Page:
It is a very common opinion between Free-Software-Coders that people should live together in peace. This is a good thing per se. One very important aspect of that community model is the right for Free Speech and another is the aspect that (whatever) executive force, like e. g. the police, is generally bad. This does not reflect the complicated situation that a thinking order-recipient might find itself in neither does it come up with an alternative solution. Actually that is the problem with many optimistic future scenarios, or pessimistic presence scenarios: to not provide an alternative. But all that is not what this writing is all about. This writing wants to focus on the social aspects of operation systems and computing in general.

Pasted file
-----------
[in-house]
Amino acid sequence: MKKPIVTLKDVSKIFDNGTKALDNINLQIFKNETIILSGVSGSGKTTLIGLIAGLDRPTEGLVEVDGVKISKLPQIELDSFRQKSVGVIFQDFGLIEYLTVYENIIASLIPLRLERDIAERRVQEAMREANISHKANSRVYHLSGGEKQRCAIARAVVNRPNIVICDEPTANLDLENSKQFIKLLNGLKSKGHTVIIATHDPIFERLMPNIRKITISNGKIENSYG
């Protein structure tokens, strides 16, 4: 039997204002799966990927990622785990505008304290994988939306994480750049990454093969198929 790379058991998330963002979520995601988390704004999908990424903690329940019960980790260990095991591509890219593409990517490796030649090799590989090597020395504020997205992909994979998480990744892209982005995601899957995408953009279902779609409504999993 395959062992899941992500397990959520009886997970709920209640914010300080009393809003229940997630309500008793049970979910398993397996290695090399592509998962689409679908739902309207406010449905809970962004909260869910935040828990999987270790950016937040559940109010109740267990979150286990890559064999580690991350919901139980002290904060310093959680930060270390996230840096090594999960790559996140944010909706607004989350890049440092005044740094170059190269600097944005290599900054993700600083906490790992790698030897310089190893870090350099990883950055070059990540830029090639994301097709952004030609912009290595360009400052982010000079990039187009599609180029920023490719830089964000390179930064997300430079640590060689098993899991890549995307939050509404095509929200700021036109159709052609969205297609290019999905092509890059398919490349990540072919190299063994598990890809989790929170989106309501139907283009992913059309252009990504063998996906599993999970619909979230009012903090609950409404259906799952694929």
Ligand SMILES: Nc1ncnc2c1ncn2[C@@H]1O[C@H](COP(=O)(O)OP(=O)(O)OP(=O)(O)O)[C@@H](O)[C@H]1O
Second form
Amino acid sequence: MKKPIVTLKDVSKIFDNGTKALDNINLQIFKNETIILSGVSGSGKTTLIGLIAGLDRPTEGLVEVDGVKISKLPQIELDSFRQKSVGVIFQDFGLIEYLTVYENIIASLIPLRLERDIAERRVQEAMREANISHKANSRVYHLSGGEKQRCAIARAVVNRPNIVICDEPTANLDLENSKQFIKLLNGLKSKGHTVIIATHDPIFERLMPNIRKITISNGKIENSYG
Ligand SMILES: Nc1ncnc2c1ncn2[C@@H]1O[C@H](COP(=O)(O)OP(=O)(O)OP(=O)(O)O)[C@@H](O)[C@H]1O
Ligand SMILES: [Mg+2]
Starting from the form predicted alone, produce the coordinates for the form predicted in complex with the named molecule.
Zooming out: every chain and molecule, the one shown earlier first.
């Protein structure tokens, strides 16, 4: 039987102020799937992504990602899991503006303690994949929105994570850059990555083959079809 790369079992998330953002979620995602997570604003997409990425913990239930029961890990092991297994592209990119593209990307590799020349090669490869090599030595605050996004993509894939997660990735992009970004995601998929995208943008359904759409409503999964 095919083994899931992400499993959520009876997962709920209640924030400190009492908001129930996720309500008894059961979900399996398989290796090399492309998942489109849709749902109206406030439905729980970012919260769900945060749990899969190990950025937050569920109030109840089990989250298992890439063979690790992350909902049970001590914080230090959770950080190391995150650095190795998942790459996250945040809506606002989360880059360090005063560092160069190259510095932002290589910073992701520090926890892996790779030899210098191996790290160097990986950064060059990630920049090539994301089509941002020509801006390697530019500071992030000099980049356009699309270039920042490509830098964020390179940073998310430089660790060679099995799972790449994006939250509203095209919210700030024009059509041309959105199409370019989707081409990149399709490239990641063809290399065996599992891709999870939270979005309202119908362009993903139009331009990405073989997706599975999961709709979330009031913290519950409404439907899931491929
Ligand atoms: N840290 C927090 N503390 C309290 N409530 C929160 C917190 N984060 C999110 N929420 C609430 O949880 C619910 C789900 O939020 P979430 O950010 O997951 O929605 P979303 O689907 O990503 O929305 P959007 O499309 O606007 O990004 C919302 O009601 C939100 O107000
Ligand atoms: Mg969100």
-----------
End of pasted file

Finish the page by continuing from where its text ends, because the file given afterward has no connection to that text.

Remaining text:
Before getting on I just want to mention, that one of the reasons for me working in that open software development scene was that I felt that a good deal of my old dreams –which involved an amazing little amount of money making but an amazing huge amount of wealth-creation (for a 15 year old boy)– were becoming something close to truth. It almost felt like a really existing anarchy.

Now, I really do think that Free Software has come up with many technically excellent pieces of work. When I first encountered the good ol’ FVWM ([3]) I was more than captured by the concept of virtual desktops/viewports – just as an example.